*Why do I get the “Java heap space” error, and how
to fix it ?*

*Why flsgen_structure did not
find a structure satisfying my targets ?*

*Why flsgen_generate failed to
generate a landscape ?*

*Can I specify the spatial extent and
resolution of produced landscapes ?*

*How can I change the spatial
configuration of produced landscapes ?*

*Can I specify the minimum distance between
patches of the same class ?*

*How does the computing time of rflsgen varies
according to input and parameters ?*

*How does flsgen_structure
selects the structures to return if there are several possibilities
?*

*What is Constraint
Programming ?*

By default, `rJava`

allocate 512MB to the Java virtual
machine (JVM). When generating large landscapes, this can be
insufficient. The solution is, before loading `rflsgen`

(and
any other package using `rJava`

), to increase the memory
allocated to the JVM using
`options(java.parameters = "-Xmx4g")`

. Note that this
allocates 4GB to the JVM. If you want to allocate another amount of
memory just replace `4g`

with the desired value.

**Why**`flsgen_structure()`

did not find a structure satisfying my targets ?

There are two possibilities:

If

`rflsgen`

indicates that “User targets cannot be satisfied”, it means that the solver has finished exploring the search tree and that there is no solution satisfying your targets. As the underlying Constraint Programming solver (Choco) relies on exact algorithms, this message is the guarantee that your targets cannot be satisfied. To date, this is not possible to explain why the targets are contradictory in a human-readable way. So what you can do is try to see if there are obvious contradictions in your targets (e.g. two classes that both need to occupy 60% of the landscape), or try with other targets.If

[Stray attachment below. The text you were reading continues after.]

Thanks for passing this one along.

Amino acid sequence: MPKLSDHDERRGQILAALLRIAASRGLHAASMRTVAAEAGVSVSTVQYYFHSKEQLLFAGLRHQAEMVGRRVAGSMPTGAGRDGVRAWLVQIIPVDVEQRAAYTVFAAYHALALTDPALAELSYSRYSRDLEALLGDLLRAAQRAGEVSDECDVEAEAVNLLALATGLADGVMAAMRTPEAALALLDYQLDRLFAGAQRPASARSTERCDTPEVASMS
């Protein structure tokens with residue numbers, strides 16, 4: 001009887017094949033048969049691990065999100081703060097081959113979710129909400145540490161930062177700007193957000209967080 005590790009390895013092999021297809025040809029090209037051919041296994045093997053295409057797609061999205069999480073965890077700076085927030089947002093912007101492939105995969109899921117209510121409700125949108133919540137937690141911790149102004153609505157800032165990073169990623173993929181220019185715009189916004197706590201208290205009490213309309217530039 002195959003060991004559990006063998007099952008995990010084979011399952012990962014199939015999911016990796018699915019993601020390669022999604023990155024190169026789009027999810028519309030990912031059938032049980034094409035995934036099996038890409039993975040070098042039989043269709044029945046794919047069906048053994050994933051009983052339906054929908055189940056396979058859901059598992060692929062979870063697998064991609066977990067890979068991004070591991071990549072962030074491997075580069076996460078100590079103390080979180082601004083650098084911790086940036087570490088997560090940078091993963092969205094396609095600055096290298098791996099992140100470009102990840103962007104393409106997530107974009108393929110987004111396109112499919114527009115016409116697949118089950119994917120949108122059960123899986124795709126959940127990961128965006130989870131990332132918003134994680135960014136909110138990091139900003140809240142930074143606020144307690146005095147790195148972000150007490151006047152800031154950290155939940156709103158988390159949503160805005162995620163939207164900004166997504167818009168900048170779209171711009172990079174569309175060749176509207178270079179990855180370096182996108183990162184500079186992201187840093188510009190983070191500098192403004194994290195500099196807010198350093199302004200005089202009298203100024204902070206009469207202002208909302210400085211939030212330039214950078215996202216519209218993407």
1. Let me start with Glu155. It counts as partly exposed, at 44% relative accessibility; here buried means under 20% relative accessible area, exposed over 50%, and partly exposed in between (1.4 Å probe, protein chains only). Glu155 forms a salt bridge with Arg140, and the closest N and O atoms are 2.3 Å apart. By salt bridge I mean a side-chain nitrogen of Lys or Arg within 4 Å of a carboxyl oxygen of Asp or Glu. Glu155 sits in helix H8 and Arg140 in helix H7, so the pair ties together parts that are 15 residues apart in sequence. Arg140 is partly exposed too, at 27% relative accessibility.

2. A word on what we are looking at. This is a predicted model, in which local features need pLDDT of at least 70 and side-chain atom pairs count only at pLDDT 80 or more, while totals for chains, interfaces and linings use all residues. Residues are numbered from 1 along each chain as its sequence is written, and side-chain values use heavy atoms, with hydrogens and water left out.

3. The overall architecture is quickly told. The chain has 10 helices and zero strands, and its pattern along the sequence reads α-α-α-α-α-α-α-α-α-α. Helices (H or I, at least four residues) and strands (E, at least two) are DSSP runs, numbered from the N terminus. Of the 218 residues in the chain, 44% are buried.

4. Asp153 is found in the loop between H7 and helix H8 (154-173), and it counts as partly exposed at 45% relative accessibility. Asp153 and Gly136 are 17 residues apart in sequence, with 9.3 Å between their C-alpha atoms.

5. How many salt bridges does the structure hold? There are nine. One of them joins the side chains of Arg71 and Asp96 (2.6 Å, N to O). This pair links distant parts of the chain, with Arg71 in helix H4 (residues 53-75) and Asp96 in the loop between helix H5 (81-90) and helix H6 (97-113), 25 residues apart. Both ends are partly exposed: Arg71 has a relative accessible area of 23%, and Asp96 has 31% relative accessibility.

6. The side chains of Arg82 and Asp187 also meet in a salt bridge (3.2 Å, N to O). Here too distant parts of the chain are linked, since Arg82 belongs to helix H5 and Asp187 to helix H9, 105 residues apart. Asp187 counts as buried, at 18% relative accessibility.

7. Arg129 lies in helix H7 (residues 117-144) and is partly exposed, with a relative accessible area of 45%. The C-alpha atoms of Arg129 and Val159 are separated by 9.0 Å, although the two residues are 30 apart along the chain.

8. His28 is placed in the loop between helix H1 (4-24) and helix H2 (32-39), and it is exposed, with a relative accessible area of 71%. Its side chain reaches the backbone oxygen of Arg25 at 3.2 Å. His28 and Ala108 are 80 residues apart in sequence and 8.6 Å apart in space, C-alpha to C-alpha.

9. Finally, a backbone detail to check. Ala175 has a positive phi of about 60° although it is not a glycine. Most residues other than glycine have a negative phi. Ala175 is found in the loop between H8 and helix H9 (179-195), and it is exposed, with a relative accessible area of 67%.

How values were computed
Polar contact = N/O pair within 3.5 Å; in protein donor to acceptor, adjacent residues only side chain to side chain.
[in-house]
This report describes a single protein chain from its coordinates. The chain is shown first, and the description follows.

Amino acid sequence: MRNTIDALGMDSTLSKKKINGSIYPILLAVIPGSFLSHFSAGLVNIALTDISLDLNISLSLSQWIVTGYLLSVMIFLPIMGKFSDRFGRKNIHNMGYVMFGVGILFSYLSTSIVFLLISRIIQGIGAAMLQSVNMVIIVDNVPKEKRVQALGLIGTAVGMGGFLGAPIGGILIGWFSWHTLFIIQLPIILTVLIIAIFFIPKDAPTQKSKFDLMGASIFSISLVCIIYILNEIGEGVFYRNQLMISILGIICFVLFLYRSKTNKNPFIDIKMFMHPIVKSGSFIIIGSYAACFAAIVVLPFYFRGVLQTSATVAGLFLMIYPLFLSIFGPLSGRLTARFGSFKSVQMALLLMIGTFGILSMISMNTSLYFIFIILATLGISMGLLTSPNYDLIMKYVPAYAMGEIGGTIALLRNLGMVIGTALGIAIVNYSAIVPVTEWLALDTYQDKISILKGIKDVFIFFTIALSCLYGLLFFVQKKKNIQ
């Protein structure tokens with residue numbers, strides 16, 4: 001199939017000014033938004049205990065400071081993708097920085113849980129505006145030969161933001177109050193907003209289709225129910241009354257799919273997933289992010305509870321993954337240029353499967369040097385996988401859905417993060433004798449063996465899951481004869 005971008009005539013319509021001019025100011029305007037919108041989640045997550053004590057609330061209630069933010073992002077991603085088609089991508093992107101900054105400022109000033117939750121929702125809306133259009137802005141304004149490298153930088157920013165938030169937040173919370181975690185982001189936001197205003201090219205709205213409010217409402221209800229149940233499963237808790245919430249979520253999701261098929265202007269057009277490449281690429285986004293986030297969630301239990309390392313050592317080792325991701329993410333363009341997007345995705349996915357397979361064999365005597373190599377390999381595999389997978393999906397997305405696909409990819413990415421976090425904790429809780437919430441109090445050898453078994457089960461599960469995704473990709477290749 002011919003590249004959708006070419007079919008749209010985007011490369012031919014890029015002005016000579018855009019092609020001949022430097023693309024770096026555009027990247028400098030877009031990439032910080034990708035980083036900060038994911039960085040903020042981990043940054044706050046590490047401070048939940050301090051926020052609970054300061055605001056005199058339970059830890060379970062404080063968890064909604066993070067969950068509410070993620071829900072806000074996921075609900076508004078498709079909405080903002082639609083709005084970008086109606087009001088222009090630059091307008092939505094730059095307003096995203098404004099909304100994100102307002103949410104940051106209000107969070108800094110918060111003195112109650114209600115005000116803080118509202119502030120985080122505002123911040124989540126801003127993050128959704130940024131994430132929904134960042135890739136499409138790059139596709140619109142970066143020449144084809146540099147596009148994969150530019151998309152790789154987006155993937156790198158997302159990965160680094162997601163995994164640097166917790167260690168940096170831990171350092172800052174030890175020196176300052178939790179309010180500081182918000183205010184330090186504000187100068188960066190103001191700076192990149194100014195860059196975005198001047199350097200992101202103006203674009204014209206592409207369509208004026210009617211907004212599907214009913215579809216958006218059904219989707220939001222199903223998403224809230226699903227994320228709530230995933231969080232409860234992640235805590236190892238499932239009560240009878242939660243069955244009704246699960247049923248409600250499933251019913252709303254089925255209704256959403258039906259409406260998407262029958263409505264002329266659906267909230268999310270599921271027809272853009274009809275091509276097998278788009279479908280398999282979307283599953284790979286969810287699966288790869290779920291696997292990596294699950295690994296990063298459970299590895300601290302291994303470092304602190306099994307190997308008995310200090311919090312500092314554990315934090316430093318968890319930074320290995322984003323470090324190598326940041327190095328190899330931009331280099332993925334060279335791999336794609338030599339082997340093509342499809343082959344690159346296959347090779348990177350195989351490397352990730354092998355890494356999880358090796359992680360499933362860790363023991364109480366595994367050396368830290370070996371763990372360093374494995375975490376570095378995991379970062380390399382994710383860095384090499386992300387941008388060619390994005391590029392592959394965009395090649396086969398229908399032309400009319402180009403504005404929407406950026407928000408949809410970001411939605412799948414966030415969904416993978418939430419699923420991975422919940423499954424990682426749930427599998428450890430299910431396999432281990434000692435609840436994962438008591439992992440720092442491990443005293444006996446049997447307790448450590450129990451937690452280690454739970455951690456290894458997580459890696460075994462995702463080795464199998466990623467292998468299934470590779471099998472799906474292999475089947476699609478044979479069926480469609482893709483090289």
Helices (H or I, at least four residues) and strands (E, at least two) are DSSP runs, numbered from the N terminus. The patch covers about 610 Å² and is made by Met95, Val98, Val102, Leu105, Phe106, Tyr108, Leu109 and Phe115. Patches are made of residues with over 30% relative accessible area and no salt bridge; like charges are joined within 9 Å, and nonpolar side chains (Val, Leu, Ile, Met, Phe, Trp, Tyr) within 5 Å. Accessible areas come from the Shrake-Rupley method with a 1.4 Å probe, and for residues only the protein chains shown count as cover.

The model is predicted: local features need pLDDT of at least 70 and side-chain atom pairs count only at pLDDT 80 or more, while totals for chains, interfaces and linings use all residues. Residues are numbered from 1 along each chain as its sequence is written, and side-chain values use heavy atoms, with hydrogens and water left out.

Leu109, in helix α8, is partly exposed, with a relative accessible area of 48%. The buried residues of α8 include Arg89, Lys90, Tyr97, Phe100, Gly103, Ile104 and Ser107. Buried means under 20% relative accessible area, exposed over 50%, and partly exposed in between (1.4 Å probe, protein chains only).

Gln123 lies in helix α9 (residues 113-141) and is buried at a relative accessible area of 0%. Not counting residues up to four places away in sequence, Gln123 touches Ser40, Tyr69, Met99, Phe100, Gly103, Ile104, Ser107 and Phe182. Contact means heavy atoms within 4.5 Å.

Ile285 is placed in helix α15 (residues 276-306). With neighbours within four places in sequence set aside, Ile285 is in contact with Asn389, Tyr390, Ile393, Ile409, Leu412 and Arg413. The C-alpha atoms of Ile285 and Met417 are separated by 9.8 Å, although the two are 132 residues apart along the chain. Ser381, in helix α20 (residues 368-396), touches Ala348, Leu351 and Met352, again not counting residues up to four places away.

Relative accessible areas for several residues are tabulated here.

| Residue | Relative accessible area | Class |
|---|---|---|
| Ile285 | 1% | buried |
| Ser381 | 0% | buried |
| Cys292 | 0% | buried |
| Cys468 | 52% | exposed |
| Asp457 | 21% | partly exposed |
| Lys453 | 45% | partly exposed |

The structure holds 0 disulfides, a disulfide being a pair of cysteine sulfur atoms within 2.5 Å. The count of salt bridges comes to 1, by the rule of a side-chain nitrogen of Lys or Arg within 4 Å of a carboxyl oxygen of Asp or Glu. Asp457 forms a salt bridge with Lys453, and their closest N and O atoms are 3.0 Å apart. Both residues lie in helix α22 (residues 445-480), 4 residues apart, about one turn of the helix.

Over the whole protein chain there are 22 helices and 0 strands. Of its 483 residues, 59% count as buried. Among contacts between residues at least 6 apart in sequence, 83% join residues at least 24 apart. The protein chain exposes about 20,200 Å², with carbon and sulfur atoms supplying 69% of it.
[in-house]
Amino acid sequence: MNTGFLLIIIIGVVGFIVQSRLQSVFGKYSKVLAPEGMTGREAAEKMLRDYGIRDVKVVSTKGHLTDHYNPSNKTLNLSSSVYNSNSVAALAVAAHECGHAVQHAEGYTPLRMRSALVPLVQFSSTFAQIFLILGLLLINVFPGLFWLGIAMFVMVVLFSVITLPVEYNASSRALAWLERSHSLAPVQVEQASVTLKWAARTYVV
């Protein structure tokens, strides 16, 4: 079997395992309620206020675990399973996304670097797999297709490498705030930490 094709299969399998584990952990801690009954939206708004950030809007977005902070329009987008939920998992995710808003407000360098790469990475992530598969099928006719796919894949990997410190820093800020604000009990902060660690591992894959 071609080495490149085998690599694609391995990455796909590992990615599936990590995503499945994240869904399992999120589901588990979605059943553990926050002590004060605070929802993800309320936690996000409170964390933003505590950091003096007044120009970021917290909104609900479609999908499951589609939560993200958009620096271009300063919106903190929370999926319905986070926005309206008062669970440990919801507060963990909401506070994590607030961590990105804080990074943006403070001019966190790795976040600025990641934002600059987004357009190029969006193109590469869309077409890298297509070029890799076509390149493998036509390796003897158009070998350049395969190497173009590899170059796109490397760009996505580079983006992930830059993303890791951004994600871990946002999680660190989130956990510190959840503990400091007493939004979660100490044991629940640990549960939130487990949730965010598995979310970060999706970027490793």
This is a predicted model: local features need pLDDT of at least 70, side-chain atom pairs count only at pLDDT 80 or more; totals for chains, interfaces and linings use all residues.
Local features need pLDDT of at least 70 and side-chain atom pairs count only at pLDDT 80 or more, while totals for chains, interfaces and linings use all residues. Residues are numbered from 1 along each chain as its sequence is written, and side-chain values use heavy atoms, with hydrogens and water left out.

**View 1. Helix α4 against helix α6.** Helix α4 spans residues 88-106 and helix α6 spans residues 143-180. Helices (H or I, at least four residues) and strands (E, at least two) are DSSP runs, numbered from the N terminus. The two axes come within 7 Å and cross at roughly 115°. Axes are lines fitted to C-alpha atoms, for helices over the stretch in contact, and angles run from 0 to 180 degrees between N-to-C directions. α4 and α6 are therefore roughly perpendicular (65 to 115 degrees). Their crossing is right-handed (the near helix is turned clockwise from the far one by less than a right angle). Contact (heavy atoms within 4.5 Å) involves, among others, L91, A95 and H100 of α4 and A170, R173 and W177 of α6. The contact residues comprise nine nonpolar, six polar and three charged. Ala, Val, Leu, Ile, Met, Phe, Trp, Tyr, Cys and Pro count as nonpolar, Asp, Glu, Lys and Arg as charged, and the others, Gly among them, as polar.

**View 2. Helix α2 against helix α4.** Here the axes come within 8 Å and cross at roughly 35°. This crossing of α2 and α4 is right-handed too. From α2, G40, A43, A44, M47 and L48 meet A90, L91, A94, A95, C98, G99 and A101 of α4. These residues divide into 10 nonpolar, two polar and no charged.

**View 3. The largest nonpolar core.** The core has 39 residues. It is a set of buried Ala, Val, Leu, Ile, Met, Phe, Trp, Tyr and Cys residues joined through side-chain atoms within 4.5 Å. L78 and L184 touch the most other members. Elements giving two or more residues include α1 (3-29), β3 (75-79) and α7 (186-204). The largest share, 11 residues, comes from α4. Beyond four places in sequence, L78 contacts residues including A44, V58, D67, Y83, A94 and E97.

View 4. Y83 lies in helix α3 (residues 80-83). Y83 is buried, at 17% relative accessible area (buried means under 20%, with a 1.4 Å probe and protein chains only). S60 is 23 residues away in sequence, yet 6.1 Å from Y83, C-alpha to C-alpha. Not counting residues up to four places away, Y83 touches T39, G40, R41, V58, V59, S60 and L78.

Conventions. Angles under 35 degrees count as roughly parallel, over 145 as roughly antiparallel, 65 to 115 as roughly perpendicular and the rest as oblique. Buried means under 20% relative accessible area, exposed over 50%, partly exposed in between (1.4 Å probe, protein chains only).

`rflsgen`

indicates that “User targets could not be satisfied under the specified time limit”, it means that the time limit was reached before the solver could find a solution, or prove that there is no solution. By default the time limit in`flsgen_structure()`

is 60 seconds, you can increase this limit with the`time_limit`

argument, or disable it with the value 0. You can also change the`search_strategy`

, which indicate to Choco-solver how to construct its search tree. Although this search strategy does not influence whether the targets will be satisfied or not, some strategies can be more efficient depending on the problem configuration. Available search strategies in Choco are:`""DEFAULT", "RANDOM", "DOM_OVER_W_DEG", "DOM_OVER_W_DEG_REF", "ACTIVITY_BASED", "CONFLICT_HISTORY", "MIN_DOM_LB", "MIN_DOM_UB"`

(please refer to Choco documentation if you want more details).

**Why**`flsgen_generate()`

failed to generate a landscape ?

Although `flsgen_structure()`

relies on exact search
algorithms to identify suitable landscape structures, the spatial
generation algorithm used in `flsgen_generate()`

is
stochastic and can fail. The reason for using a stochastic algorithm is
that finding a spatial embedding of a landscape structure is equivalent
to the polyomino packing problem, which is known to be NP-Complete
(i.e. computational complexity increases exponentially with problem